Willow Creek has long sought to recognise leaders regardless of gender. If God has plainly gifted someone for leadership, why pretend he hasn’t on grounds of mere gender? In practice, however, the vast majority of faculty members at previous summits have been men.
This year’s event has included in its lineup two particularly inspiring women, Wendy Kopp of Teach for America and Catherine Rohr of the Prison Entrepreneurship Program.
Both, shortly after leaving College, resolved to change the world, by taking wasteful injustices head on . TfA uses a Peace Corps model, with its strengths and weaknesses, to deploy good young graduates in inner city schools with a transformative brief. PEP, based in Texas, seeks to turn around prisoners’ lives in the largest state penal system in the world, by giving them self-awareness and self-respect, growing character, and developing the will to use skills which have been misapplied in constructive ways.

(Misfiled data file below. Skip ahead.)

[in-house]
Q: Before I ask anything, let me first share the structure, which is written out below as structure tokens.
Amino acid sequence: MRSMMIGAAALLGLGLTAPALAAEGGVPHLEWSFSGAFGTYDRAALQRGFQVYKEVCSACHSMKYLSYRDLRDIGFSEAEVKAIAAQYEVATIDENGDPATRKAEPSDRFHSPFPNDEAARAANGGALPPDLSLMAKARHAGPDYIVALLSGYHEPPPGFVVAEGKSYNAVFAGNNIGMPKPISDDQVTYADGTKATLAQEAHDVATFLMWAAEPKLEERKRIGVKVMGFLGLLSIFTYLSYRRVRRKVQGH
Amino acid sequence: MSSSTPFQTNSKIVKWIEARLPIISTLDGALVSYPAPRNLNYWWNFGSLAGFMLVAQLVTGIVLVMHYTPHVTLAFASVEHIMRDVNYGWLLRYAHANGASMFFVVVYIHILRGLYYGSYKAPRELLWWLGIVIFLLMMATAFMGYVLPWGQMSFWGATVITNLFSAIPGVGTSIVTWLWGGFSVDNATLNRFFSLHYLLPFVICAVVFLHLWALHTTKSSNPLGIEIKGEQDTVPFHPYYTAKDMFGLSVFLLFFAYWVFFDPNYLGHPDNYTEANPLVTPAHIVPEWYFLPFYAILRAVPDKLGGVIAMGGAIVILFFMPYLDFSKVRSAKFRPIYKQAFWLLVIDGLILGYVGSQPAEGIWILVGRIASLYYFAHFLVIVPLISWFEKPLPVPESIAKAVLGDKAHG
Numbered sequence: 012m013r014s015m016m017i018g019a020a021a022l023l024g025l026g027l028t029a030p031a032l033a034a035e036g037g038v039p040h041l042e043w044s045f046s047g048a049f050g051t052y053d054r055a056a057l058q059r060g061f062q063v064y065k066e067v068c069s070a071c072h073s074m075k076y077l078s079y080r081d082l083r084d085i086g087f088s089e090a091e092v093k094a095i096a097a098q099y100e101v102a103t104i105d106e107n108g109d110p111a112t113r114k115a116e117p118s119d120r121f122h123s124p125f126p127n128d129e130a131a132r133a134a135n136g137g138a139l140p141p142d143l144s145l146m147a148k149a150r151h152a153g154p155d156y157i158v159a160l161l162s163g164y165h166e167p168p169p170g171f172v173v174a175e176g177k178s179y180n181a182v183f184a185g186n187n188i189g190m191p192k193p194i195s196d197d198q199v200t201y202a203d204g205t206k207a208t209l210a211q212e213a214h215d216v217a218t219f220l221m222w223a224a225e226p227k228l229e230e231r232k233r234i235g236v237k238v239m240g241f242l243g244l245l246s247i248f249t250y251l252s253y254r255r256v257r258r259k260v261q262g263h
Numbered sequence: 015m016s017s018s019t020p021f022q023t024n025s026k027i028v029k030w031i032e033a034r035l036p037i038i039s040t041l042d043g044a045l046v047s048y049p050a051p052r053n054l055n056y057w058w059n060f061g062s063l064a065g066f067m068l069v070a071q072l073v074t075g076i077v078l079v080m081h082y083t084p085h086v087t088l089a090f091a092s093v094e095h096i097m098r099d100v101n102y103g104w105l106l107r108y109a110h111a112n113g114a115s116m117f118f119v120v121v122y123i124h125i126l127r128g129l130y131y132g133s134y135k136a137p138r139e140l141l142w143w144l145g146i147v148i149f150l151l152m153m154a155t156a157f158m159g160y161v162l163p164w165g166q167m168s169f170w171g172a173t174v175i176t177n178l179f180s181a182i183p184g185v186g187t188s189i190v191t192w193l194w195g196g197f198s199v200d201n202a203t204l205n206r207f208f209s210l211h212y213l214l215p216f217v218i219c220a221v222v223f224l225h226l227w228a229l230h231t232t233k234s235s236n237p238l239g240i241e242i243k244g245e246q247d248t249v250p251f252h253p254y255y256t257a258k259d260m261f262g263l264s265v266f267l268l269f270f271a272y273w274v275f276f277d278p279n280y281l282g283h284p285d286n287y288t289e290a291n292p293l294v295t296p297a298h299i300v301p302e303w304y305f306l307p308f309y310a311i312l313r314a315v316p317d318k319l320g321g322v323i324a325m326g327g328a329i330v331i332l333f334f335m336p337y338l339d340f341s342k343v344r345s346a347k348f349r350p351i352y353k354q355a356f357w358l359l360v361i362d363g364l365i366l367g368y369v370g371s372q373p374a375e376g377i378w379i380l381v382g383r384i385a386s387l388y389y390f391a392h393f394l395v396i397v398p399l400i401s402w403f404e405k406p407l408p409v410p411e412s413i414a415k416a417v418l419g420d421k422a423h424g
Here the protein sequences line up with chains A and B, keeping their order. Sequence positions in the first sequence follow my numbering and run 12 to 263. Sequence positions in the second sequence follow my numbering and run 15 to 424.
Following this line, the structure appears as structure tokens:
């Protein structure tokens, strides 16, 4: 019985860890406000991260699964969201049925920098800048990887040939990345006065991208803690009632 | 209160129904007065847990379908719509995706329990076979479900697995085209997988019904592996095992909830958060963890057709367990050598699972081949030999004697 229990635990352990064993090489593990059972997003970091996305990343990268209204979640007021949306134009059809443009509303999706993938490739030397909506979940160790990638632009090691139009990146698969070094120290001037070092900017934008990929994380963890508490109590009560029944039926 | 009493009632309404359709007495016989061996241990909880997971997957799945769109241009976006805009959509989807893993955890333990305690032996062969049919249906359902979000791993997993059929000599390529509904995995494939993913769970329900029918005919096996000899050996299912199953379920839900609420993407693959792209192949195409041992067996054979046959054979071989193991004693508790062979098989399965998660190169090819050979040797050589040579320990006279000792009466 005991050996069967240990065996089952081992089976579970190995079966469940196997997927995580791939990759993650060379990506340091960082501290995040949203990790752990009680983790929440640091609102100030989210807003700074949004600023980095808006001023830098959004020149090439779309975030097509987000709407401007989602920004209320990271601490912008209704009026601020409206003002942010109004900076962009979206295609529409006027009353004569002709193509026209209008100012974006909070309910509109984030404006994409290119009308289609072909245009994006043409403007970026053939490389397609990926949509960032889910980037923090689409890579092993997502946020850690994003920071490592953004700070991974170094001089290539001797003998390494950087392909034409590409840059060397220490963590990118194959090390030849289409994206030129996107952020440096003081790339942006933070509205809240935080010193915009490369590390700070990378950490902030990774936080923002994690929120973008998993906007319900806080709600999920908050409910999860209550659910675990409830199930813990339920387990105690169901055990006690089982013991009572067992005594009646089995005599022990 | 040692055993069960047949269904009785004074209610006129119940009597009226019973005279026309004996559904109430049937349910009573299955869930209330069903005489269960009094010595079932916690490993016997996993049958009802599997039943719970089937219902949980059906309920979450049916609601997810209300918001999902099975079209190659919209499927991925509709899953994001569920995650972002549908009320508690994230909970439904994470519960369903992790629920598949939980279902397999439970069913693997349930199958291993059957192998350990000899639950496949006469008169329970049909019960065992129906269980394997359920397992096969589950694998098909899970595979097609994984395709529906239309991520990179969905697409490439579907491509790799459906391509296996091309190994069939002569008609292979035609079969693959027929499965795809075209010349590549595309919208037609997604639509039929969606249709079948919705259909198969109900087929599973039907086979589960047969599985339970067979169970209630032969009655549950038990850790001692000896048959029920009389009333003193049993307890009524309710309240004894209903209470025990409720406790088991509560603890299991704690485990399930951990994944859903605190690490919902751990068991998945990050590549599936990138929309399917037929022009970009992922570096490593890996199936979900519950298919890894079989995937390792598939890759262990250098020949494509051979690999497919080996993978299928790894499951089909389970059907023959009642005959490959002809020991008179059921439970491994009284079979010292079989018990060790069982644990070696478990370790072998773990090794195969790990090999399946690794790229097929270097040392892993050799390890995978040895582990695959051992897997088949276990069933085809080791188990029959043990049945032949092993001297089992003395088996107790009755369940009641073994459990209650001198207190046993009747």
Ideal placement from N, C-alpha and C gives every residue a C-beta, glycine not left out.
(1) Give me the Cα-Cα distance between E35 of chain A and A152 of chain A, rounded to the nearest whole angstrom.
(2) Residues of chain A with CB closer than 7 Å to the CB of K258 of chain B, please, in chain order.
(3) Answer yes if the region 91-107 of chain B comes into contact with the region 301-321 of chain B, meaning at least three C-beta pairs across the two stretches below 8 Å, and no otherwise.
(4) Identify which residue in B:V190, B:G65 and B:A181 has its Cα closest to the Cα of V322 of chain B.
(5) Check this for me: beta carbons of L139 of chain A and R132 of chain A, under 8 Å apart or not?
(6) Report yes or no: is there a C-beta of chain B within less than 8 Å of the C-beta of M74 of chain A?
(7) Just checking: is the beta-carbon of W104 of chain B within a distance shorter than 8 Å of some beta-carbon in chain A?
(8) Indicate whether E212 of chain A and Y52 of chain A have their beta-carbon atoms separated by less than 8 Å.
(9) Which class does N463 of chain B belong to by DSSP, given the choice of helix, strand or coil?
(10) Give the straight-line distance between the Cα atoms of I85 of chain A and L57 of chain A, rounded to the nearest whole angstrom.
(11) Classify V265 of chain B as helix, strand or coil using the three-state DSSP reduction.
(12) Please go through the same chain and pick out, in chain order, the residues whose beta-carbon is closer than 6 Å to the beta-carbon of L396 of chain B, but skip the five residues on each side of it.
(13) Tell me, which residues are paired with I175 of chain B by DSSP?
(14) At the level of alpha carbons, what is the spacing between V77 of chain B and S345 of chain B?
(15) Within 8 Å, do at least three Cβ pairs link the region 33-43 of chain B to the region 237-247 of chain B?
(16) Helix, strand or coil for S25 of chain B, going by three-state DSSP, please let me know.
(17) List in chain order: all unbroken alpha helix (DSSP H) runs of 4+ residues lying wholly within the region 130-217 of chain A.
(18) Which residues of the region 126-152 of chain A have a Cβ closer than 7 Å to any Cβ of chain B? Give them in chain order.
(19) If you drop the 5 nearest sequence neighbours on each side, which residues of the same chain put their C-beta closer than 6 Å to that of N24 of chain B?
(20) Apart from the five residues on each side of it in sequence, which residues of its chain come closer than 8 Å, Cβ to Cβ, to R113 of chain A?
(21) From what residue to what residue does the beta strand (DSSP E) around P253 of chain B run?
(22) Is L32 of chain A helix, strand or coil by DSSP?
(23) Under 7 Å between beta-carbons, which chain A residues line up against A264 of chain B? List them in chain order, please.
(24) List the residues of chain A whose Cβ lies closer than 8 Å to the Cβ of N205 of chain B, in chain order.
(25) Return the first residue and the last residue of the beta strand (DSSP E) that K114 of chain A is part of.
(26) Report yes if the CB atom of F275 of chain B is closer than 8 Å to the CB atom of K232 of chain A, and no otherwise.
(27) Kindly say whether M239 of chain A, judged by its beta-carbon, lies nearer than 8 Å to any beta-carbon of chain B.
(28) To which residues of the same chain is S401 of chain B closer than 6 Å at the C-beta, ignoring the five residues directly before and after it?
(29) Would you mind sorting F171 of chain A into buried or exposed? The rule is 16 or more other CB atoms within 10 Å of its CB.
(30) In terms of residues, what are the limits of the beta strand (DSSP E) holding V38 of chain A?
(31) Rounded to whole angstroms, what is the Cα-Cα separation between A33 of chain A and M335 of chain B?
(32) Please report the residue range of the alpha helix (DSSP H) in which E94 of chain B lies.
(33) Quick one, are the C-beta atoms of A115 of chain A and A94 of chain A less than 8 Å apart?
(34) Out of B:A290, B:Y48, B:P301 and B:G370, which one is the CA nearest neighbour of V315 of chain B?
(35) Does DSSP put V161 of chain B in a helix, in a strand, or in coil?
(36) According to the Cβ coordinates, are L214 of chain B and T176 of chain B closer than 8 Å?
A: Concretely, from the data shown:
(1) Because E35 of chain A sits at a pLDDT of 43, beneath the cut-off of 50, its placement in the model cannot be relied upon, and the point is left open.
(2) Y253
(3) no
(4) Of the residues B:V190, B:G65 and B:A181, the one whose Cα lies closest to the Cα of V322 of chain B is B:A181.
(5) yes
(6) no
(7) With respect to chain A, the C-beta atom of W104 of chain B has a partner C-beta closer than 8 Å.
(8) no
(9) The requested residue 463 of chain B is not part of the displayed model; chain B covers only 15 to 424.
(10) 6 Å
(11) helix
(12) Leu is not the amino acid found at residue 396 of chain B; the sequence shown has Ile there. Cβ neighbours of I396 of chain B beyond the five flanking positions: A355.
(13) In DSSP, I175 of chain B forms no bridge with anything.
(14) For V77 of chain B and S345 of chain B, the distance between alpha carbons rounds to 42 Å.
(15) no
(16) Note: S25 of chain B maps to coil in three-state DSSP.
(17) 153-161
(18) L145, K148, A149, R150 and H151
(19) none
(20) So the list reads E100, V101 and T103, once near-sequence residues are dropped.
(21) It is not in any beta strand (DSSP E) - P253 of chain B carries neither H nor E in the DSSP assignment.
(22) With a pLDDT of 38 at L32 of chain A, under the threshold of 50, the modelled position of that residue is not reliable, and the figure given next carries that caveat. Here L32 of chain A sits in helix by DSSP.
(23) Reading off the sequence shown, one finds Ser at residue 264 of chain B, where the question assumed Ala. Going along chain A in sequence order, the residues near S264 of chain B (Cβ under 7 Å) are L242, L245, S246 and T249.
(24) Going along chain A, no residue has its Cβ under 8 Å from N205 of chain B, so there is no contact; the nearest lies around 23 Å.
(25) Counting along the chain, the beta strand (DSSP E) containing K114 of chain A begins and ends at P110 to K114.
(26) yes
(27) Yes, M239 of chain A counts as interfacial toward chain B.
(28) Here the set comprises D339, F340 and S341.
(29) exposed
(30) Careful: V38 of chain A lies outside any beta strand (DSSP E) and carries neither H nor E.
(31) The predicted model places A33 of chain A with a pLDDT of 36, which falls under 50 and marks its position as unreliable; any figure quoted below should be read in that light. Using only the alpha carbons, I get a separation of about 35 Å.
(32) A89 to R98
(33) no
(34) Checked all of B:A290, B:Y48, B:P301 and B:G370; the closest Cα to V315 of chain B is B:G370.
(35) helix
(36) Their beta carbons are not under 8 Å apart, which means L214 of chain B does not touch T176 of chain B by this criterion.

Both Catherine and Wendy came over as sharp, perceptive, high capacity, and practical. These qualities came with low tolerance of being assumed to be their own PA’s, or otherwise patronised. How many times in the past 30 years, asked Catherine, with laserbeam piquancy, had Bill Hybels been asked what it felt like to be a male leader?
The Church of England has some honest, passionate, realistic and focussed leadership like this at senior levels, but desperately needs more. I think back to the stifling, idiotic boys club culture of deanery chapters I belonged to in the 1980’s, and rejoice to think it has largely been subverted. As this process marches on, even towards the House of Bishops, it’s good to know the talent is out there, if only we find the grace and wisdom to acknowledge and deploy it.